A year ago, Kevin Love was cheered wildly whenever he took the court in the state of Oregon. That was far from the case when he played in Eugene last month, but in UCLA's rematch with the Ducks on Saturday, he can expect a much warmer reception.
Love and the sixth-ranked Bruins try to build upon their lead in the Pac-10 when they host Oregon, which is trying to climb back into the NCAA tournament picture.
UCLA (23-3, 11-2) traveled to Love's home state on Jan. 24 to face Oregon - where Love's father Stan played - and the star freshman was booed mercifully, prompting the school's athletic director to issue a formal apology.
But Love, who grew up in Lake Oswego and spurned Oregon, didn't seem fazed by the jeers. He had 26 points and what was then a UCLA freshman-record 18 rebounds (he grabbed 21 a game later) in the Bruins' 80-75 victory.
"I can't tell you if there was a better feeling in my whole basketball career than just walking off that court, taking the higher road and just feeling good about that game," Loves said at the time.
That performance came in the midst of a five-game stretch where Love averaged 21.2 points and 14.4 rebounds. He's averaged a relatively modest 13.3 points and 9.8 boards since, but UCLA remains one game ahead of No. 9 Stanford in the Pac-10.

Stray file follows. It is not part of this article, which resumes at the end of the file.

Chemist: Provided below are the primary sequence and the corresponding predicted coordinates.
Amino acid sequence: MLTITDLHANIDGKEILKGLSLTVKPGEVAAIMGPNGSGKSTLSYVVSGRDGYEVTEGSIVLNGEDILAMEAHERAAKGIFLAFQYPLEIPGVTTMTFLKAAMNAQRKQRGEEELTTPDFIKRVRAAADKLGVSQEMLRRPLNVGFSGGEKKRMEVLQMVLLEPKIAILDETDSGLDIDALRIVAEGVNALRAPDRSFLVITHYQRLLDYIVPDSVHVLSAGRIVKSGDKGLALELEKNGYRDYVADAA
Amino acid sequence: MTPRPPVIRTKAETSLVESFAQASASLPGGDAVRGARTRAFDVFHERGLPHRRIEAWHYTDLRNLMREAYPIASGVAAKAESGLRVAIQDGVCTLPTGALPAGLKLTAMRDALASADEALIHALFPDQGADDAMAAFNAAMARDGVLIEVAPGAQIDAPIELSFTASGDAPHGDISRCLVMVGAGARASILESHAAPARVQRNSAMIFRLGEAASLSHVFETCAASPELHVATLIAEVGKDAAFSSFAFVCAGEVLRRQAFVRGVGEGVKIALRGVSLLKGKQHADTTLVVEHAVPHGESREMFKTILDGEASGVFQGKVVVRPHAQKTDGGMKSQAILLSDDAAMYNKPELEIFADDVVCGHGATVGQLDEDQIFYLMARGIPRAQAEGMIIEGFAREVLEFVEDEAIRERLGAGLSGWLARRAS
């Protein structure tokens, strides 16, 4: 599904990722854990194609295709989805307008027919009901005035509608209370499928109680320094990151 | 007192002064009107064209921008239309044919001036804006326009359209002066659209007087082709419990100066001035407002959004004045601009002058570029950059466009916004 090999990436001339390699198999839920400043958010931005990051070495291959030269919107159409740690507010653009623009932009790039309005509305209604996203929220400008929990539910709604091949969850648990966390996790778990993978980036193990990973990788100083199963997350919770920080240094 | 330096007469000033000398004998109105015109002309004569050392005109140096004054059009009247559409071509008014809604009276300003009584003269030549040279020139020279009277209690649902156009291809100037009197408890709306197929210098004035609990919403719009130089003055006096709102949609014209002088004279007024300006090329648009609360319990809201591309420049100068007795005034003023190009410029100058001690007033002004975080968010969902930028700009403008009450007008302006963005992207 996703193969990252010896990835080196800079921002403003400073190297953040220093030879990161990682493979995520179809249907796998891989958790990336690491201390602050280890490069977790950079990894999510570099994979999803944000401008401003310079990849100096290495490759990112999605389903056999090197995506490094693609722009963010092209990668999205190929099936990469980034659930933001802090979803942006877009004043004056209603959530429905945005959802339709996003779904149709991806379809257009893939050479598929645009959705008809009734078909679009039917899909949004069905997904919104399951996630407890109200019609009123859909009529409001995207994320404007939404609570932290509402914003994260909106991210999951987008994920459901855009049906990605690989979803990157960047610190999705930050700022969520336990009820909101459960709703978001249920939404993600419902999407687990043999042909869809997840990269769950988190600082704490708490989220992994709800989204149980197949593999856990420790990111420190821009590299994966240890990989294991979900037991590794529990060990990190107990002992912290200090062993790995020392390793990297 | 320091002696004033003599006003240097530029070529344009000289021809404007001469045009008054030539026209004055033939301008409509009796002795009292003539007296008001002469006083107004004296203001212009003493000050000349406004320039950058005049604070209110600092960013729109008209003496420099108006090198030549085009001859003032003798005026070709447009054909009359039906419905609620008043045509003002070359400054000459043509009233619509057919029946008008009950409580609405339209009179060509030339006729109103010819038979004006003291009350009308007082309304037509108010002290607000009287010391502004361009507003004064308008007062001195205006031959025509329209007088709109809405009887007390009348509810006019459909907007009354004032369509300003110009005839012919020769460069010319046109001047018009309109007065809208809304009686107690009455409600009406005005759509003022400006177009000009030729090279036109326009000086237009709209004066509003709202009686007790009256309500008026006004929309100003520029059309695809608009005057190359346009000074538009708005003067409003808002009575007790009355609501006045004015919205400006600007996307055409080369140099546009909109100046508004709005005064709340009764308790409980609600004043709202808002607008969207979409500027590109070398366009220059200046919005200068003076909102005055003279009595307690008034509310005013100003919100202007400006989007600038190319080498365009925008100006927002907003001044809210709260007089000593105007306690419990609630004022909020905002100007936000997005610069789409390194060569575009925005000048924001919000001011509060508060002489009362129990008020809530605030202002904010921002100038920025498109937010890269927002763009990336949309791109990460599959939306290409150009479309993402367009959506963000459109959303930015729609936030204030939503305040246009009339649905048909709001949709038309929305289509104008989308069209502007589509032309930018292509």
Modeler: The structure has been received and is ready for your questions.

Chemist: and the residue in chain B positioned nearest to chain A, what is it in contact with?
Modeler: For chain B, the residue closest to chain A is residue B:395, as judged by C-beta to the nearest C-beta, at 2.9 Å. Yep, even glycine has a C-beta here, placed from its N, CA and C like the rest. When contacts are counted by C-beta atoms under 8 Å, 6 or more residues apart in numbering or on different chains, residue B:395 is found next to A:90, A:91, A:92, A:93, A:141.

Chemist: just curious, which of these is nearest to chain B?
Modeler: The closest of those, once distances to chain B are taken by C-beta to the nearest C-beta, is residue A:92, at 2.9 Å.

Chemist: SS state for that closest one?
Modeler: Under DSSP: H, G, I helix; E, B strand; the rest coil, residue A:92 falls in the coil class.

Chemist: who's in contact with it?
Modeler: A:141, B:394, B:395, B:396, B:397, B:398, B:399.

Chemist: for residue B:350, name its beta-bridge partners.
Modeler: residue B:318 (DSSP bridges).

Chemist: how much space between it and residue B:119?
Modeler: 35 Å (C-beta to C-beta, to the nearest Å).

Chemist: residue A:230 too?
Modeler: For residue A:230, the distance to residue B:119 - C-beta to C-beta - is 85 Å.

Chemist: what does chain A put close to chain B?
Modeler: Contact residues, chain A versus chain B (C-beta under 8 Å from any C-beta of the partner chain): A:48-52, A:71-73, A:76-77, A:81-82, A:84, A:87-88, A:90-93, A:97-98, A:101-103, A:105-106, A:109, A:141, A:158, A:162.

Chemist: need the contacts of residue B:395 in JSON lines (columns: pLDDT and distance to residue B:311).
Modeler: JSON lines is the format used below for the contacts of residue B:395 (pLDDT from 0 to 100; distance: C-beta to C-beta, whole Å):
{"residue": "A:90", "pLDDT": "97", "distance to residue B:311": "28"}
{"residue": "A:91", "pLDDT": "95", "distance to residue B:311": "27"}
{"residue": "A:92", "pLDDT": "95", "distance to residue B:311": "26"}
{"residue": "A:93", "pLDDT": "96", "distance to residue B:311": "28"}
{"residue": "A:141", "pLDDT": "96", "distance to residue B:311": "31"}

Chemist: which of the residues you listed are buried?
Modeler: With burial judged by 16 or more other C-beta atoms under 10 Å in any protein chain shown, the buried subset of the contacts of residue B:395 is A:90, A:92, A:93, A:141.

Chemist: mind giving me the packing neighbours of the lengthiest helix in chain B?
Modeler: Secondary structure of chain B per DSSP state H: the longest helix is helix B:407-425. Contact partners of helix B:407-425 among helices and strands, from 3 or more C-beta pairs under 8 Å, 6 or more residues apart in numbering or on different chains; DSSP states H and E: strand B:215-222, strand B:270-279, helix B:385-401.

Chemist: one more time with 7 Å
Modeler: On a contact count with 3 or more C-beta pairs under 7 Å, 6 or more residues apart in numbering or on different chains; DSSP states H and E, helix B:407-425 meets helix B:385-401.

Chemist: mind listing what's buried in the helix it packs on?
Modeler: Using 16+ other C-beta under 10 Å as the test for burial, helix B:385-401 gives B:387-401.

Love played just 21 minutes, scoring 11 points and grabbing nine rebounds as the Bruins cruised to an 84-49 win over Oregon State on Thursday.
"That'll keep me with fresh legs for (Oregon)," Love said.
Though Love leads UCLA in points (17.1) and rebounds (11.0), the Bruins are far from a one-man show. Russell Westbrook has been excellent lately, averaging 15.4 points in his last five games.
Westbrook and Love are two of four UCLA players averaging at least 12.0 points. Josh Shipp scores 13.7, while Darren Collison averages 14.0.
When Ben Howland coached Pittsburgh from 1999-03, his teams became known for their defense, and that reputation has carried over to UCLA.
The Bruins have been in the top 20 in the nation in scoring defense for each of the past two seasons, and they're even better in 2007-08, allowing just 57.6 points per game. UCLA has yielded 47.5 in its last two.
Oregon (15-11, 6-8) was a game away from joining UCLA in the Final Four last spring before losing to eventual national champion Florida, and the Ducks have been one of the country's bigger disappointments this season.
They improved to 12-4 overall and 3-0 against Top 25 teams on Jan. 13 with a 71-66 win over the Cardinal, but have lost seven of 10 since, including an 0-4 mark against ranked opponents.
Oregon's biggest problem is its defense. It allows 73.0 points per game, second-most in the Pac-10.
The Ducks let Southern California freshman O.J. Mayo score 32 points on Thursday night as the Trojans overcame a nine-point halftime deficit to win 81-75.
Like UCLA, Oregon features a balanced scoring attack, with four players averaging at least 13.5 points. Malik Hairston leads the way with 16.4 per game, but the senior guard has had a February to forget. He's scoring just 10.8 per game and is only 3-of-17 (17.6 percent) from 3-point range.
In six career games against the Bruins, Hairston is averaging 9.0 points.
Oregon has lost six of seven in this series and four straight at Pauley Pavilion. The Ducks' lone win in the last seven, though, came on Jan. 6, 2007 - 68-66 over the top-ranked Bruins